Allegheny College Esports Team Enters the Online Arena of Competition
Senior Jacob Walters and junior Tito Mazzucchi concentrate on the action unfolding in front of them on their computer monitors. Their fingers fly across the keyboards as they call out instructions to each other. Their screens are a blaze of colorful, animated action as they team up for a game of “Overwatch” in an esports arena in Allegheny College’s Murray Hall.
Walters and Mazzucchi are among a group of about 20 video gaming enthusiasts who make up the new esports club team at Allegheny. The team has competed in scrimmages and tournaments against intercollegiate competition, and they hope to join a competitive college league for “Overwatch” and other titles in the fall of 2021.
“We’ve had good support from the Allegheny administration,” says Mazzucchi, a philosophy major and art, science and innovation minor, “and I know I’m excited about the future of esports here.”
Esports is a booming competitive initiative among colleges. Allegheny’s esports program started three years ago when Walters distributed posters to gauge student interest. He says that many students were passionate about starting the program — and willing to put in the work to do so.
“It feels great to start seeing a product of all that work and have something to be proud of. When we started this conversation about esports at Allegheny my freshman year, I had no clue it would turn into the network of dependable and hardworking people that it is today, and we only plan to grow from here, even after I leave,” says Walters, who is from Hamburg, New York.
Walters, an environmental science and sustainability major and a geology minor, also found support for starting the program from the College’s administration. In 2018-19, the College converted a computer lab in Murray Hall into an esports arena with state-of-the-art computers and supporting equipment installed. The team has been practicing twice a week and has a “starting five” ready to compete.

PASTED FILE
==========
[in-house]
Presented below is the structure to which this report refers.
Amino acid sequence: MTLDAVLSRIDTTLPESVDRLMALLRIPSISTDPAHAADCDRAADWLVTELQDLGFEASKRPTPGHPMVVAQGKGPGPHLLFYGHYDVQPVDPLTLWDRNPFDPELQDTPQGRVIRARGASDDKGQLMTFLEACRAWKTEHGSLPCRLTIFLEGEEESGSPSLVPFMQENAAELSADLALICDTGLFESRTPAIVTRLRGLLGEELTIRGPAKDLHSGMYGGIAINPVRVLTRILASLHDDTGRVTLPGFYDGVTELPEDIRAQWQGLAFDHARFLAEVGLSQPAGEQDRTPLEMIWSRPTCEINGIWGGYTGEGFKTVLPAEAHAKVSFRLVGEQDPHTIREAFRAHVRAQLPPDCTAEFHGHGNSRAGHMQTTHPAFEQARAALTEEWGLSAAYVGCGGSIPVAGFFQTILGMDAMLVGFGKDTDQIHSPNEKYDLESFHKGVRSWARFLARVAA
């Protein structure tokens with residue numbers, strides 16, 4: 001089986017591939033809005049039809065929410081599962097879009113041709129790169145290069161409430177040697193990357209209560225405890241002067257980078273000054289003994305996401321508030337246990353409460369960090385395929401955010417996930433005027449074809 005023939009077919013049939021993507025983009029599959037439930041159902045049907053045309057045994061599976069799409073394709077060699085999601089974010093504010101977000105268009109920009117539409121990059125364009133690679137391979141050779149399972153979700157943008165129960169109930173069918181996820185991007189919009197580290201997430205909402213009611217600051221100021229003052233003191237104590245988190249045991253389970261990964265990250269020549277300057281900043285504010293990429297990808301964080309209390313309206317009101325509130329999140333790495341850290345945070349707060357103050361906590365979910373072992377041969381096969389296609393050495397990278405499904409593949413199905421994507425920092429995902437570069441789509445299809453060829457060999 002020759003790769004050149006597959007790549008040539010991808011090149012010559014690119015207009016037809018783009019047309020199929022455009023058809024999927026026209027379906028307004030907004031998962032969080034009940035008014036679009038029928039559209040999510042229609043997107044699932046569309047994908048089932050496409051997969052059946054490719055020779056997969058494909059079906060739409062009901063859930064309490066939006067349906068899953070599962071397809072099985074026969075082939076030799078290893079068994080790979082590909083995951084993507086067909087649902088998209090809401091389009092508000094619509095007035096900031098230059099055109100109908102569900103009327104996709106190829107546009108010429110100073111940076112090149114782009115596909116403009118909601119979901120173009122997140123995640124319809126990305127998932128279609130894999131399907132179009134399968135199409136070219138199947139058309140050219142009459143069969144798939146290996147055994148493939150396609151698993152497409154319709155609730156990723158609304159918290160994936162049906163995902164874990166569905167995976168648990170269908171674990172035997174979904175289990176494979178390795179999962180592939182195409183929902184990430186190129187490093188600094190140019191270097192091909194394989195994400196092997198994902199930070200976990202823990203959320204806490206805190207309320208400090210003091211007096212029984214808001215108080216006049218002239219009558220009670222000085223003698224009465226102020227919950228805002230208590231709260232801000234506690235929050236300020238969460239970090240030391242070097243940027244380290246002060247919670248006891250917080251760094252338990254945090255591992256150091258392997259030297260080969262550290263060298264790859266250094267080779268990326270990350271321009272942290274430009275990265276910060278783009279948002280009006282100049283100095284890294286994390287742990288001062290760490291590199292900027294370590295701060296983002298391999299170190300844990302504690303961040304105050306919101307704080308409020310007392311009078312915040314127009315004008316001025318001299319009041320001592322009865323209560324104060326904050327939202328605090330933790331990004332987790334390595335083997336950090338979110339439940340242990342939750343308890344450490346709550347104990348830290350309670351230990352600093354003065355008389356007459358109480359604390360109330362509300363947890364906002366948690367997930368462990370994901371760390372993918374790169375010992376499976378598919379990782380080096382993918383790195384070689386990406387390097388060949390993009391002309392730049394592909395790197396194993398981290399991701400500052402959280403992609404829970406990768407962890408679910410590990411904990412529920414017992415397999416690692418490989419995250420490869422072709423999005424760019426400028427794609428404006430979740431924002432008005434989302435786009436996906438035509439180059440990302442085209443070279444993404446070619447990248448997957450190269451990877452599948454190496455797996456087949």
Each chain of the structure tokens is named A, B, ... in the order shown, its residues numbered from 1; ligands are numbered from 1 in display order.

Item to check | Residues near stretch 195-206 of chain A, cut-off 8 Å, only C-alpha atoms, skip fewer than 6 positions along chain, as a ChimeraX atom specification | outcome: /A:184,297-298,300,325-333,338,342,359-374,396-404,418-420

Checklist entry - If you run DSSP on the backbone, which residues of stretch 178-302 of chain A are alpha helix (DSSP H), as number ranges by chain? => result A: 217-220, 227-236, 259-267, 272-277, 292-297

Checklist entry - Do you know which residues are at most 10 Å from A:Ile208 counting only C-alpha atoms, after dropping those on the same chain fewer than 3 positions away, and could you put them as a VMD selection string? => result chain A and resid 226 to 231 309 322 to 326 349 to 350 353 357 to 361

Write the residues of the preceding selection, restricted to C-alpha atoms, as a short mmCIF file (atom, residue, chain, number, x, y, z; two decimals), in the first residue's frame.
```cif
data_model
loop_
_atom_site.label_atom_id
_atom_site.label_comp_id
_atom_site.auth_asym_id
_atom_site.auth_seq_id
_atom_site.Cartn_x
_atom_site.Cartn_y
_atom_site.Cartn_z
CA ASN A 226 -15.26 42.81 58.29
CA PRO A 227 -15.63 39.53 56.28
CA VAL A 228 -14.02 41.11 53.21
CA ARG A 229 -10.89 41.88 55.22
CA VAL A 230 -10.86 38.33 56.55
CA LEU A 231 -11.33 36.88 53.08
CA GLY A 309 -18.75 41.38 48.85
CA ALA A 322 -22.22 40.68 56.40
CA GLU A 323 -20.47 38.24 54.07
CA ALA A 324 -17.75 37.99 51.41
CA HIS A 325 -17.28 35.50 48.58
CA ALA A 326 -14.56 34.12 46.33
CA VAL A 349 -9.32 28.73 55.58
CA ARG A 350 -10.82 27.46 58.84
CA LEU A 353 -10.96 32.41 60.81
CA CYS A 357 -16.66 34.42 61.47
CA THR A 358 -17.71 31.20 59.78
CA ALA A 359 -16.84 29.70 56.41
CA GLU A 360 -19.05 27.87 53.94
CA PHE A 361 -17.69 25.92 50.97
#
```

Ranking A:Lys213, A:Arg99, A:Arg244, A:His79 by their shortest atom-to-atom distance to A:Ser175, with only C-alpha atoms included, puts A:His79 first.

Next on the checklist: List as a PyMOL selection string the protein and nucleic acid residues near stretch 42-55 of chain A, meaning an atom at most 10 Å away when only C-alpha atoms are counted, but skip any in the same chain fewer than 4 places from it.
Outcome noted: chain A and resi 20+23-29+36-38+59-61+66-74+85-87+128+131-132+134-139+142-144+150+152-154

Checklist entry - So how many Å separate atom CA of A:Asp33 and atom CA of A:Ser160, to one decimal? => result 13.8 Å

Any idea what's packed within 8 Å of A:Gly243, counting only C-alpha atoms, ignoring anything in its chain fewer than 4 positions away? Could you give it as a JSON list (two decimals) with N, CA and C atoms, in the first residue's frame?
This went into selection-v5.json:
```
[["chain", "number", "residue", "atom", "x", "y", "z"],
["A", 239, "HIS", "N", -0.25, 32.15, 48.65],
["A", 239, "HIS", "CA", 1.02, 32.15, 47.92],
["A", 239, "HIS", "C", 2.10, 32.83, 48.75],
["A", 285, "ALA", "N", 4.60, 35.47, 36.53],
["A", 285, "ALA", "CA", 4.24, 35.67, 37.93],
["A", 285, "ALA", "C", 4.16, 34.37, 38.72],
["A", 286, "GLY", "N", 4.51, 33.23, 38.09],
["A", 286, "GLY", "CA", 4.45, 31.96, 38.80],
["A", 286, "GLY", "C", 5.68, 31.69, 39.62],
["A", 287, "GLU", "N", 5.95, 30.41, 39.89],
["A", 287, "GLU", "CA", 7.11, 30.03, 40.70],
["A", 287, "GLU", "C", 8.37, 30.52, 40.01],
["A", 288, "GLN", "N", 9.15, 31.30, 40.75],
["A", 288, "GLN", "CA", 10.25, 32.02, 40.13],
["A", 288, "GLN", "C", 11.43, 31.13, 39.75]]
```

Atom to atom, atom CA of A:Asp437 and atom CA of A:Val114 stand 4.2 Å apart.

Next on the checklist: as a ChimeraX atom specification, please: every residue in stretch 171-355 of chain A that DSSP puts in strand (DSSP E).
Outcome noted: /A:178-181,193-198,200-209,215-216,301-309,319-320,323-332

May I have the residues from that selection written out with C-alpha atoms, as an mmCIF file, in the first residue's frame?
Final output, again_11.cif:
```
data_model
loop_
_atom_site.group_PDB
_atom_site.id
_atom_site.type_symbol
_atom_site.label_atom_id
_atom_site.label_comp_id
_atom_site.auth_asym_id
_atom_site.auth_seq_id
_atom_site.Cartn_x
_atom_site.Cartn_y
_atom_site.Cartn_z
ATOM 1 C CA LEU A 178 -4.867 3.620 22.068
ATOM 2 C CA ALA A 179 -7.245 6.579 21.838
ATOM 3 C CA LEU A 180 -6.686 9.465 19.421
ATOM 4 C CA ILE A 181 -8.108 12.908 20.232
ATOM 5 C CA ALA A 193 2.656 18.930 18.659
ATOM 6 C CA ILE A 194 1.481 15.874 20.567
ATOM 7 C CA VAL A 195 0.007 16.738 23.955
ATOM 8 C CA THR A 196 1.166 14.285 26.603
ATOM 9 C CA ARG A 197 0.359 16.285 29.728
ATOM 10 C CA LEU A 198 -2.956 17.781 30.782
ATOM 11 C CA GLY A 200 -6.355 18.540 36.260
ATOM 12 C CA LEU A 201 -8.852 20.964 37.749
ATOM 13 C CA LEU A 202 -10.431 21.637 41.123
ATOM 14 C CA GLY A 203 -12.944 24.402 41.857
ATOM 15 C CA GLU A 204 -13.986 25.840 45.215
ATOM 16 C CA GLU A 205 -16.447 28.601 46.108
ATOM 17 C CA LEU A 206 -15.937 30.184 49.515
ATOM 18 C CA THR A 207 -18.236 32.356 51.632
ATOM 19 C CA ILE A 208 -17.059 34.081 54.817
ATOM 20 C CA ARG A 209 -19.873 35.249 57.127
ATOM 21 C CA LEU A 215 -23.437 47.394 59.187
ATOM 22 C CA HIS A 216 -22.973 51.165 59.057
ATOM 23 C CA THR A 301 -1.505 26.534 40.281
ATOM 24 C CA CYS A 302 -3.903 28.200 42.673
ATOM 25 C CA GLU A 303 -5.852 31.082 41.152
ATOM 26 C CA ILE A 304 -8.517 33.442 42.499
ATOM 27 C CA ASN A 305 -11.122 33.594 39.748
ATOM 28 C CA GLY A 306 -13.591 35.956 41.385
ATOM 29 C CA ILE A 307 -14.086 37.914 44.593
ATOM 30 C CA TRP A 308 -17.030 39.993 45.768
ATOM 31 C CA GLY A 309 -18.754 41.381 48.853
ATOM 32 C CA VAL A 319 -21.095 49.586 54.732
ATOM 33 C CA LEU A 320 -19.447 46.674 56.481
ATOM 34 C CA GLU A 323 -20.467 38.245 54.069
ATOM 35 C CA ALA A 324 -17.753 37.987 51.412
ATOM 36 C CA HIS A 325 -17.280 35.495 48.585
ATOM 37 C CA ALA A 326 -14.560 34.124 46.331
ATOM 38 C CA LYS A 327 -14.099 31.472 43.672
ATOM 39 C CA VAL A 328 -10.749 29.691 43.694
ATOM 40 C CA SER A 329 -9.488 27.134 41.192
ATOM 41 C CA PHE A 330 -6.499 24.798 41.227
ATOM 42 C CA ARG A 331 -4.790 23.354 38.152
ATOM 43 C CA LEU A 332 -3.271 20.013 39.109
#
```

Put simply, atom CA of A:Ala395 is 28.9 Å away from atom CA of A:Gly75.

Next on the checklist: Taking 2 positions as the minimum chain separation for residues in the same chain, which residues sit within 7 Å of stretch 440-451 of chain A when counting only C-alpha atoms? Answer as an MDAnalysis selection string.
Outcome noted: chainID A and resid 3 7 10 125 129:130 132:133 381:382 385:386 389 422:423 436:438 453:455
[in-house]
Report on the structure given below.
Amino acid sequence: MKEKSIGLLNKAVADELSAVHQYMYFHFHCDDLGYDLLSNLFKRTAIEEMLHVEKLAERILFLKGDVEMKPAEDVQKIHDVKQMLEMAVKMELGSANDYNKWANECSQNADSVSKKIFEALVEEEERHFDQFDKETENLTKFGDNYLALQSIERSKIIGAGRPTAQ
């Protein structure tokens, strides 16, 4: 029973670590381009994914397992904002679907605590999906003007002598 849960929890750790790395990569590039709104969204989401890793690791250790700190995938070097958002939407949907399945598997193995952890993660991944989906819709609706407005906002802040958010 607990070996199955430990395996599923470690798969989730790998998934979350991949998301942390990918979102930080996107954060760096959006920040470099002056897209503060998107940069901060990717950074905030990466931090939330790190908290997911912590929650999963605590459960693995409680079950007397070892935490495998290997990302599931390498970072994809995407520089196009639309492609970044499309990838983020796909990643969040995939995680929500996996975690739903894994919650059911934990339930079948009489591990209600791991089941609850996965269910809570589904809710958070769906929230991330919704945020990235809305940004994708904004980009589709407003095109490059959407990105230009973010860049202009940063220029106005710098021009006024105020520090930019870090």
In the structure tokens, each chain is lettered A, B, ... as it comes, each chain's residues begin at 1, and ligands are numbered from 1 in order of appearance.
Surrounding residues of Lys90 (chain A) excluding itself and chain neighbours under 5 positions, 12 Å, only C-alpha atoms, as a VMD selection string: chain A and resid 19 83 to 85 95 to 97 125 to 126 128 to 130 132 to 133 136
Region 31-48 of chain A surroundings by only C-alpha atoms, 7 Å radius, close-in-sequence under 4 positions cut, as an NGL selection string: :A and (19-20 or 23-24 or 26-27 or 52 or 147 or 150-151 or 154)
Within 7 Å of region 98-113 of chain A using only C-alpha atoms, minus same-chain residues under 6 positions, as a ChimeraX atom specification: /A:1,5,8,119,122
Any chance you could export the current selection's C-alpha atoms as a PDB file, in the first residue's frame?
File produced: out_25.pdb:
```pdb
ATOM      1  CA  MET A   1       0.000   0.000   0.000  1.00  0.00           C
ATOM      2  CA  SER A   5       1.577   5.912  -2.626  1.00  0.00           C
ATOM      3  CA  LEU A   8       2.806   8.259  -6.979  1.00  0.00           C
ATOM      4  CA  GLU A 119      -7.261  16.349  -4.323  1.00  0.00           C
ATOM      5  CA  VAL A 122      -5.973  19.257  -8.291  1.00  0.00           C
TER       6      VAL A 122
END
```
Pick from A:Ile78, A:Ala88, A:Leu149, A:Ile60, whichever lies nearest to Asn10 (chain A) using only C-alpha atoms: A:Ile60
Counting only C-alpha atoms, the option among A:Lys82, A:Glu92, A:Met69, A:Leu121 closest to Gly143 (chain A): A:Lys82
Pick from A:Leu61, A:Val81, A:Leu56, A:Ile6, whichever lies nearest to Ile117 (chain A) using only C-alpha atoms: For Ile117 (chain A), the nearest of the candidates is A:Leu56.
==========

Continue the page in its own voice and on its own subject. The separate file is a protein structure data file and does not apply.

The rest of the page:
“It takes a lot of strategy, creativity, communication, adaptability and teamwork” to be successful in the esports arena, says Walters. Players must be nimble as well, since split seconds can spell the difference between victory and defeat in esports, he says.
The team has been sanctioned by Allegheny Student Government and the Department of Athletics and Recreation, so it is considered a club sport at the College.
“Esports is one of the fastest growing sports right now, and we are thrilled to officially have it as a club sport on this campus now,” says Jared Luteran, director of recreation and facilities. “Esports will not only be a great benefit to our current student population, but we anticipate that it will be a popular attraction for prospective students from around the world.”
Ian Thomas, assistant professor of ceramics and sculpture in the Art Department, is a competitive gaming enthusiast and has volunteered to coach and be the team’s faculty advisor. “When I caught wind of the team, I figured they needed an advocate on campus and jumped at the opportunity,” he says. “There’s massive growth in the collegiate esports arena now. I think we’re getting in at the right moment.”
Although there is limited physical activity, the esports team functions like other sports, Thomas says. “It’s highly competitive, it’s skill-based and there is coordinated team play. After a match, the team uses metrics to gauge their performances just like you’d watch after-game film in football to assess strengths and weaknesses,” he says.
The esports team recently competed in an intercollegiate tournament and reached the final round of 64 out of 500 teams, Thomas says.
The goal for the coming year is to expand the number of titles (games) that the team competes in, to compete in more tournaments, and to focus on growth and organization of the team, Thomas says. Those interested in finding out more information or joining the esports team can email Thomas at email@example.com